I don't know anything about funk, but I know something about Brazilian styles. And, there, a 16th isn't always the same thing. It's notated that way, but it isn't played that way in a typical rhythmic pattern. This has been proved electronically with plots of amplitude against time. And, the amount of the adjustment is tempo dependent, so a 16th at one tempo isn't the same as a 16th at another tempo. I understand that ride cymbal beats follow the same sort of logic, but I haven't seen electronic proof, although I imagine it exists. Because of that characteristic, it can't be notated accurately.

    It would surprise me if the same thing didn't apply to funk styles.

    That is, you could be exactly on the metronome and it wouldn't groove.
    Yeah I think there's meant to be a lot of flex in those old records. Perhaps things got more metronomic in the 80s?

    In terms of the microrhythmic aspect, I wonder if anyone has looked into this? TBH I just think of it as straight because otherwise I'll swing it like a trad jazz banjo player lol.

    Some of these accents are very subtle, best picked up by lots of playing with musicians that know their stuff.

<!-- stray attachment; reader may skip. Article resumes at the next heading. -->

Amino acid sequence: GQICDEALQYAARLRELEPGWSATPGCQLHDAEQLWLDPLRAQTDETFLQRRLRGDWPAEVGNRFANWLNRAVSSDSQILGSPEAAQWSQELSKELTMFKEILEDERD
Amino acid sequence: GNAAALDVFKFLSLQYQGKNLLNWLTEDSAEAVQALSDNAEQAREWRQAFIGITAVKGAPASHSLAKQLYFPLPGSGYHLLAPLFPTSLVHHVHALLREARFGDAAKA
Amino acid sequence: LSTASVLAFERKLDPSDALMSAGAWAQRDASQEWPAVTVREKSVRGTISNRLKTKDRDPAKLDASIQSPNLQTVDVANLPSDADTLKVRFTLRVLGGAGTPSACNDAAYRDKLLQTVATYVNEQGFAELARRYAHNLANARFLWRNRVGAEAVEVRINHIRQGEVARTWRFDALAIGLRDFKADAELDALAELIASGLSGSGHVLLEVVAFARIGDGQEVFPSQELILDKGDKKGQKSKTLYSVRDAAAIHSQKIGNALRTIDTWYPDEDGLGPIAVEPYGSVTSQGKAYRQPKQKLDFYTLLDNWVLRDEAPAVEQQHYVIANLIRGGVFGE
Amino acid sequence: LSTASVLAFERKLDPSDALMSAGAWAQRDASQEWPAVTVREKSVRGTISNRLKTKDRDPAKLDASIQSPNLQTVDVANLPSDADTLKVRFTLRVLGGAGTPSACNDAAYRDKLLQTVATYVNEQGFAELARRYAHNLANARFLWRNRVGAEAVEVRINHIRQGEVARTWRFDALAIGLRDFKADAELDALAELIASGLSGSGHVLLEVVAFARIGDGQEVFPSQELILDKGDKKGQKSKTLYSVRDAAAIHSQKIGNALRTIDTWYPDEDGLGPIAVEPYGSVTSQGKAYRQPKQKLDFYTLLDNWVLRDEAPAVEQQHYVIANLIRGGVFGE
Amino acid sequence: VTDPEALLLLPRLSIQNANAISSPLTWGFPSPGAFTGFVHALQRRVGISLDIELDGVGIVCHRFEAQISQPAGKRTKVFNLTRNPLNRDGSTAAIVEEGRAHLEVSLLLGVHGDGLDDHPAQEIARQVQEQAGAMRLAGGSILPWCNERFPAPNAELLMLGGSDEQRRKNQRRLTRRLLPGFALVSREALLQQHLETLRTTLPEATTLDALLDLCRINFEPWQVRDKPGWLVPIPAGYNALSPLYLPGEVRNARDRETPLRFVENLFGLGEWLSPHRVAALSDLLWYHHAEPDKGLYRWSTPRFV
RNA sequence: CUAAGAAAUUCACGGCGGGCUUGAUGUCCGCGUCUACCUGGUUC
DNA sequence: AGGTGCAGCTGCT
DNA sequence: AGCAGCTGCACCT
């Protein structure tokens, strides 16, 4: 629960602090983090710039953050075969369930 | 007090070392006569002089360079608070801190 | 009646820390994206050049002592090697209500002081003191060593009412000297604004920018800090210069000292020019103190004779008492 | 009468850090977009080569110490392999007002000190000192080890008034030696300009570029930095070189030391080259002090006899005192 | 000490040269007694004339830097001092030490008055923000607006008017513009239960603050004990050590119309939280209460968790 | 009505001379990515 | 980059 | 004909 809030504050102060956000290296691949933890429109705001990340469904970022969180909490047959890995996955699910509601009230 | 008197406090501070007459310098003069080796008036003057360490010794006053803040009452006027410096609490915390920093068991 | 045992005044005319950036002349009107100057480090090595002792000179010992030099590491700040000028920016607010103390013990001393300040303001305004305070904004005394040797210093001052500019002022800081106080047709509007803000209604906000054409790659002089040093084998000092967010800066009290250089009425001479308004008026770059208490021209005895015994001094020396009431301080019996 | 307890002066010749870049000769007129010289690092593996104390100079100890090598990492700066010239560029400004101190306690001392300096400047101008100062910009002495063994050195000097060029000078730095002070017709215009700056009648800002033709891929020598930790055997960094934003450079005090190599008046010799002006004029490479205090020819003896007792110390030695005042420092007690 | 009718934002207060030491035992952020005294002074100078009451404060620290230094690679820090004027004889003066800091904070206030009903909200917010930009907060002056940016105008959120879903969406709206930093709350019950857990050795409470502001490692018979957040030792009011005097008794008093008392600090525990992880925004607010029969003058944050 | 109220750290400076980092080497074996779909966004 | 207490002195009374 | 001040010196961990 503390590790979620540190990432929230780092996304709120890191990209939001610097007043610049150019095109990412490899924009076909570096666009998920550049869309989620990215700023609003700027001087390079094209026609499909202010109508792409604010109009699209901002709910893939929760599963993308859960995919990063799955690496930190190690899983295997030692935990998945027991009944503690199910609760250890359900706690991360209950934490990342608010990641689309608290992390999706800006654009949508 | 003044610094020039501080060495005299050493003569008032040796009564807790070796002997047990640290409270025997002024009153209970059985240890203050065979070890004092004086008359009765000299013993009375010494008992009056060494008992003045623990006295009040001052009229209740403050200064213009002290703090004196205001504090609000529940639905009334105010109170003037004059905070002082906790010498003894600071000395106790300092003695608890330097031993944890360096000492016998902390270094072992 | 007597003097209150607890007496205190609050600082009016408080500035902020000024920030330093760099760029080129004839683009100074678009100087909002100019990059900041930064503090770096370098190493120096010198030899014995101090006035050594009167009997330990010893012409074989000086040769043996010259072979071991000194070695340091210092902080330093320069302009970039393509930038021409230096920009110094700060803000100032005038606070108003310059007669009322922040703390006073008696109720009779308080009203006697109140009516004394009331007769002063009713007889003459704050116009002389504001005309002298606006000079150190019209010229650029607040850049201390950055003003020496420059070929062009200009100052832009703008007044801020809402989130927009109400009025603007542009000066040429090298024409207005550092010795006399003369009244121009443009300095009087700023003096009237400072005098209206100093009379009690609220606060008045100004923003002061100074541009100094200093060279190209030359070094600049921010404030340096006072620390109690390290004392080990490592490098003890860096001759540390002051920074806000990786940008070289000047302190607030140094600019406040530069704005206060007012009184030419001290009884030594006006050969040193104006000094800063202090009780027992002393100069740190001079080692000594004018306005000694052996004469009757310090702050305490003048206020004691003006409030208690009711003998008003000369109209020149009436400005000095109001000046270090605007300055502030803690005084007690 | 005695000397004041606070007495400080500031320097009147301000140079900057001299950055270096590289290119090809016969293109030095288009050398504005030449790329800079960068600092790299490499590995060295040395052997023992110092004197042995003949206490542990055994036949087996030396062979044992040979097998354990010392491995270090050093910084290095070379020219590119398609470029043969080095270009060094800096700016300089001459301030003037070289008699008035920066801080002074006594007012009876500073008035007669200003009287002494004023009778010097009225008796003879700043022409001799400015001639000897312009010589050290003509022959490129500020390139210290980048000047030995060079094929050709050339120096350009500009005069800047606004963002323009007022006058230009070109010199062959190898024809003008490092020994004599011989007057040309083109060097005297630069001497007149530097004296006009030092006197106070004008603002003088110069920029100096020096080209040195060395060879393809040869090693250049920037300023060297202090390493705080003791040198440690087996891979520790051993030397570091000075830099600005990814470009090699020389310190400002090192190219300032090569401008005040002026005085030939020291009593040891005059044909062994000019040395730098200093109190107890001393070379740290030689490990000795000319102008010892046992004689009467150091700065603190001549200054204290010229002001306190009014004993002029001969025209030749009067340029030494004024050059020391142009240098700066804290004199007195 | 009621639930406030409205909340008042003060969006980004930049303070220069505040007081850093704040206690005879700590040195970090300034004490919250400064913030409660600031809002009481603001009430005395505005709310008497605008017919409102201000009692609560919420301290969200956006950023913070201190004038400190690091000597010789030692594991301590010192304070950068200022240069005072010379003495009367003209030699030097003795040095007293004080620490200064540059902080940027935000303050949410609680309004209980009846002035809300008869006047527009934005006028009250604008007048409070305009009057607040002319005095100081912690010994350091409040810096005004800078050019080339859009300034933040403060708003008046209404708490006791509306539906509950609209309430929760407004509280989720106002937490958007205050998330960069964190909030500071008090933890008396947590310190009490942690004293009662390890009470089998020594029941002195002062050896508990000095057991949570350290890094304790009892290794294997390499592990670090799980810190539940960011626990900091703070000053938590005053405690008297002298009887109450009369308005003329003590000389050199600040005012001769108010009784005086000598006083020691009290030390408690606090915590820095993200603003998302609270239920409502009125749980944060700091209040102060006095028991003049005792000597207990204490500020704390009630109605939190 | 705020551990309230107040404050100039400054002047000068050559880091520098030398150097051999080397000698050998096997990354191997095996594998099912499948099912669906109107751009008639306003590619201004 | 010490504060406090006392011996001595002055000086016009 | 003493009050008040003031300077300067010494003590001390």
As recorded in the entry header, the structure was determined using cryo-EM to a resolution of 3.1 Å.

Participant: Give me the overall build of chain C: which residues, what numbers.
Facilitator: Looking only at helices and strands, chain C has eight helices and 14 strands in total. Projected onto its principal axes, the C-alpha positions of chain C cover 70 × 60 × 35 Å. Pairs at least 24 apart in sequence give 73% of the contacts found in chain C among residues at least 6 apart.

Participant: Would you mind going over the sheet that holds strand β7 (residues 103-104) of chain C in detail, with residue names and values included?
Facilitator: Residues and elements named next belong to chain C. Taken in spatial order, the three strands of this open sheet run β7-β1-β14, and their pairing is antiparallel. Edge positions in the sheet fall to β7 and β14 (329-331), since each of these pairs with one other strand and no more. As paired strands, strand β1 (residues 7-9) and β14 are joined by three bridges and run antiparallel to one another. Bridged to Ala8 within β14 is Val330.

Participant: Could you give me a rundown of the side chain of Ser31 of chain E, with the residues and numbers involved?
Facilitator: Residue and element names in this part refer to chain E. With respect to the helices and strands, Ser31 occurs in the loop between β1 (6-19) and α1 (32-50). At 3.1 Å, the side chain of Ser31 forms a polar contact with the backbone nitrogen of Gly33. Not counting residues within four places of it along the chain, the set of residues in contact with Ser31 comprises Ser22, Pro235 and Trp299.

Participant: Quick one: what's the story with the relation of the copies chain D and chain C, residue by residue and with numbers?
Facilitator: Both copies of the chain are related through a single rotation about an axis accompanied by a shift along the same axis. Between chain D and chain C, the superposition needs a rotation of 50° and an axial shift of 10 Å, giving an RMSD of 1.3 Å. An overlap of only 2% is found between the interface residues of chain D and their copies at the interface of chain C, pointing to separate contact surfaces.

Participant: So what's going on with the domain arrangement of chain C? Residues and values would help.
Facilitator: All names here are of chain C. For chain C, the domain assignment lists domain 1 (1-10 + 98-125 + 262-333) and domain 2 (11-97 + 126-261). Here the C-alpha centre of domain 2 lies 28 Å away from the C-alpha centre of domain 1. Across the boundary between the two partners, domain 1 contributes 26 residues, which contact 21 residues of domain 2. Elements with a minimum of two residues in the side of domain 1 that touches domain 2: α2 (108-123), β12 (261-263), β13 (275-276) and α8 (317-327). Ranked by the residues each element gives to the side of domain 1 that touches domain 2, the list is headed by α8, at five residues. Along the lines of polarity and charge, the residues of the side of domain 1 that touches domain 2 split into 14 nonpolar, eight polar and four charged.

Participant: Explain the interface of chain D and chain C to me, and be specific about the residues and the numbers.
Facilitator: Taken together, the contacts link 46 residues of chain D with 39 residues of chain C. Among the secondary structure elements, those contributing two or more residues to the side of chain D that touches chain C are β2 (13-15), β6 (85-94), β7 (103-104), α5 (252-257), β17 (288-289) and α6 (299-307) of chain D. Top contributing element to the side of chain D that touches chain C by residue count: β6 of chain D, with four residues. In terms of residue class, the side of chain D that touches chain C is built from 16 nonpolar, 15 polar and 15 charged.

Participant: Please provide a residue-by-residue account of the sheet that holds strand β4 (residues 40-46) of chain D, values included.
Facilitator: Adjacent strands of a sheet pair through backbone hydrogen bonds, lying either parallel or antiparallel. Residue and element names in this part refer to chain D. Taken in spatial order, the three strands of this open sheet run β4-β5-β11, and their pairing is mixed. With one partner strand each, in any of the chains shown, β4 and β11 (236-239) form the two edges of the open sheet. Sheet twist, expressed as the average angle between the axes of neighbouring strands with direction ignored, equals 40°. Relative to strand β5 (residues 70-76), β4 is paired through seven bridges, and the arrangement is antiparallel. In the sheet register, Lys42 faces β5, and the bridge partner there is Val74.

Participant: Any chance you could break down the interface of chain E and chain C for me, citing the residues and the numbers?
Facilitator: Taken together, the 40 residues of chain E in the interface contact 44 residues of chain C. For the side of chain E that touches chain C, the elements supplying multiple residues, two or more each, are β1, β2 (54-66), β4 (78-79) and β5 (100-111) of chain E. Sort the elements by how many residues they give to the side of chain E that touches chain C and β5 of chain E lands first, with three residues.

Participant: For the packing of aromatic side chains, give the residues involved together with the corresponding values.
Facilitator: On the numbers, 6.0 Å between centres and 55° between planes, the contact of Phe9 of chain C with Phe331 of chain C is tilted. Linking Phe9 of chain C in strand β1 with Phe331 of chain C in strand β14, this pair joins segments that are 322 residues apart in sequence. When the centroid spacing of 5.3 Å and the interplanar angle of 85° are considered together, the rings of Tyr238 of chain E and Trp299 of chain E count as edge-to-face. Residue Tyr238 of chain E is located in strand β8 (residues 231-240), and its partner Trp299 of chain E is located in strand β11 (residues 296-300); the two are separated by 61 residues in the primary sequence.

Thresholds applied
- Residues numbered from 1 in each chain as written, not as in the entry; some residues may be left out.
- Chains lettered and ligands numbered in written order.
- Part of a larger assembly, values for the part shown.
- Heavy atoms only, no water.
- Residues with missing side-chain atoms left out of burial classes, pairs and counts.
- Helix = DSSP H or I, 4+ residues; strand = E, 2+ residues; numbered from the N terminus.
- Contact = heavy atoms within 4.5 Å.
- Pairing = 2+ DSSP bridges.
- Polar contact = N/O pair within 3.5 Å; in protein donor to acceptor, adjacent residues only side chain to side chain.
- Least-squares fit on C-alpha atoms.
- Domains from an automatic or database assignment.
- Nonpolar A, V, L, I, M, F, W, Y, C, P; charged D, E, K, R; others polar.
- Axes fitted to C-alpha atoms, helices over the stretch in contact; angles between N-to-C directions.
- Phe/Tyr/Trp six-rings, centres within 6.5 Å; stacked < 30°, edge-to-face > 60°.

5. #54

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    Oh look here's an academic paper :-D

    Swing in early Funk and Jazz-Funk (1967-1971): Micro-rhythmic and Macro-structural investigations

    Just what you need to improve your groove, right?

  6. #55

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    In Brazilian styles there's a 16th 8th 16th thing, as notated

    But, it isn't played that way.

    To my ear, the Brazilians do something akin to the Little Train That Could -- "I think I can, I think I can" with the timing of the phrase getting closer to even as it speeds up.

    And, that's just the shaker.

    Put a good group of them together and there's enormous subtlety.

    The abstract of the article Christian posted alludes to the same thing.

    Put a group together of instruments which are right on the metronome, and it won't groove.

    I think it's important to be aware of this, so you're listening for the right things. Getting it under your fingers is another thing entirely. And, there's a difference between people who can play the basic groove and those who can embellish while staying strongly in the pocket.